EL PASO – Local artists from El Paso and Ciudad Juarez have joined together in a network that spans the border, dedicated to painting the streets of both cities with hopeful art to refocus the minds of many who see this area as a war zone.
The network known as Puro Borde, consists of more than two dozen artists from the El Paso-Juarez area who help each other exhibit their murals, turning their cities into more colorful communities. They also place their work in local galleries.
Self-described “border artist” Arón Venegas, is a member of Puro Borde in El Paso who believes that art communicates with power. Venegas, a graduate of the University of Texas at El Paso, has worked on a variety of murals with Puro Borde and has exhibited his work in both Mexico and the U.S.
As for creating a sense of pride in a community through public art, Venegas suggests that a single mural cannot have the power that many with the same objective can. “Art that is not public is not worth doing,” Venegas said. In his opinion, art should serve the community. He explains that a mural is an interactive and collective process from beginning to end.
Apparently there is not much sense of a divide between the artists from Juarez and those from El Paso.
“The idea is to stop dividing the border with our actions, the government has already done that with all their policies,” Venegas said. “We want to see the sister cities as one region when it comes to interacting among artists.”
Coral Simón, Puro Borde member who resides in Cd. Juarez, said the two groups interact well with each other. She said that what joins the two groups is the border identity they share, their mutual love of art and a vision to bring art to the streets.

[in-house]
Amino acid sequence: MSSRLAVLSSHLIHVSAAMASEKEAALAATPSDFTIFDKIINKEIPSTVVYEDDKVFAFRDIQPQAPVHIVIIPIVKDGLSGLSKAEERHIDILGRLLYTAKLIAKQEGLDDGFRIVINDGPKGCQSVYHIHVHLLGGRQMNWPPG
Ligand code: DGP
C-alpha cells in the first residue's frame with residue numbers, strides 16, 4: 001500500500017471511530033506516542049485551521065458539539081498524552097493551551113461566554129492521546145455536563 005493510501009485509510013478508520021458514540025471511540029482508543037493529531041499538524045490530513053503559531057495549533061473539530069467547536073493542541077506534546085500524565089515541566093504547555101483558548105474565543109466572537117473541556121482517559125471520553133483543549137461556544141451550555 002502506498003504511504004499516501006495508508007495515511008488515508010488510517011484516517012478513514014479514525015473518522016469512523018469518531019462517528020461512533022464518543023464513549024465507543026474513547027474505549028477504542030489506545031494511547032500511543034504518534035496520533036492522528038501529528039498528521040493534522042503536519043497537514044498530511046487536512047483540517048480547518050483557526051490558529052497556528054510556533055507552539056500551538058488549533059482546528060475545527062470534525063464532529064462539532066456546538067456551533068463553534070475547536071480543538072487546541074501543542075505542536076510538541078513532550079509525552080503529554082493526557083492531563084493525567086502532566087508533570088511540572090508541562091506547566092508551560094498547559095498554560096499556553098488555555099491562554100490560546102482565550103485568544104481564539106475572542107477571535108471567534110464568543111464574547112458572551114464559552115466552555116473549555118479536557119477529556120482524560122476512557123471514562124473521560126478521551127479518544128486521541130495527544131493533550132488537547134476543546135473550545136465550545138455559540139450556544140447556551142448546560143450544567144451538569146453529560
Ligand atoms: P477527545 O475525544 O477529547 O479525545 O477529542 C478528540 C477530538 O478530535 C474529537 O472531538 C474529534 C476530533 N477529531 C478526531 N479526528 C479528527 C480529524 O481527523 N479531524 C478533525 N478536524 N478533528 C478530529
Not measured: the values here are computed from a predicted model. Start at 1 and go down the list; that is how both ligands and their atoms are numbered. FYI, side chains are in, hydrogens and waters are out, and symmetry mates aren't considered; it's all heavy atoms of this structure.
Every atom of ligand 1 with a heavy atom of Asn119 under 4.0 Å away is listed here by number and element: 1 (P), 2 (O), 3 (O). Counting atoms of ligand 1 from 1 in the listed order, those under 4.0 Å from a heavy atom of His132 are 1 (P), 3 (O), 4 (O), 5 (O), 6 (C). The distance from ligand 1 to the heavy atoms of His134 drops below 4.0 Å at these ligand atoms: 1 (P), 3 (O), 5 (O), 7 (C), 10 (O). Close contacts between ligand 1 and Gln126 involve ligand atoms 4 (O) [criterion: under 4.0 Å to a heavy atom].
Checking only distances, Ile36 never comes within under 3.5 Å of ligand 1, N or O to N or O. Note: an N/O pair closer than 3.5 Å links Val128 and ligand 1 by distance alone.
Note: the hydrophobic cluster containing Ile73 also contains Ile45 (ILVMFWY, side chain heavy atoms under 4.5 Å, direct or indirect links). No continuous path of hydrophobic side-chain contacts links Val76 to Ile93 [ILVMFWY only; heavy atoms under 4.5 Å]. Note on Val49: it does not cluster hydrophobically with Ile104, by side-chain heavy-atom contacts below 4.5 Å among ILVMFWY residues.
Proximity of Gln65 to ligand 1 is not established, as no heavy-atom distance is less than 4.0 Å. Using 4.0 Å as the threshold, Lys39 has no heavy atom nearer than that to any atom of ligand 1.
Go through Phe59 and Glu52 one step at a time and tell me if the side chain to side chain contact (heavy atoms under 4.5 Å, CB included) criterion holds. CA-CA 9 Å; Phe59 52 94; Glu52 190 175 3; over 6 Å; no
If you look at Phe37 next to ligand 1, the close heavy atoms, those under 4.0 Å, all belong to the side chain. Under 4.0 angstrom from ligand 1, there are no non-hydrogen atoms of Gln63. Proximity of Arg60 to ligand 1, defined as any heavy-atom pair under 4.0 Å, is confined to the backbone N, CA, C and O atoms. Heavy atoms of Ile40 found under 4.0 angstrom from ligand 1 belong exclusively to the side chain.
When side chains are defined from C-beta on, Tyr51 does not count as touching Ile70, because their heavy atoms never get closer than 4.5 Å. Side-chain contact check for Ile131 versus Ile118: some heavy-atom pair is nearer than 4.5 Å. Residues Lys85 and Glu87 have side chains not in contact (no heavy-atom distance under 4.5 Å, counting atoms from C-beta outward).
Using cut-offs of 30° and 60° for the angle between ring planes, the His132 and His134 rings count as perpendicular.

The group hopes to communicate a more accurate image of the borderland and the identity of their community through art and murals.
“I am a strong believer in the power of the visual arts,” Anne Perry UTEP art lecturer, said. In her opinion a mural whether in a Juarez colonia or in downtown El Paso can uplift spirits, encourage community activism, promote understanding and inspire pride in a community.
“Public murals and artists who seek to enrich our border community by creating them, are needed more than ever,” said Perry, adding that the rise in cuts to ethnic studies make artists even more necessary today.
Simón said that at some point the group was seen restricted by the violence in Juarez. However, she said that people have retaken the streets. In a turbulent time when drug wars and financial recession is affecting the lives of many in the border community, art can be a way to relieve tension and encourage positivity, she said.
Simón explained that Puro Borde promotes art by disseminating different expressions from border artists while joining them together. “It can transmit sensations, messages, register what is lived, make the impossible possible. It can inspire and can be the origin of new creations to materialize our deepest thoughts,” Simón said.
With the threat of budget cuts affecting art, music and theater programs in schools across the country, projects like Puro Borde can bring color to neighborhoods and expose the community to art they may otherwise not see.
Unique border art created by the artists from PuroBorde can be viewed at puroborde.org.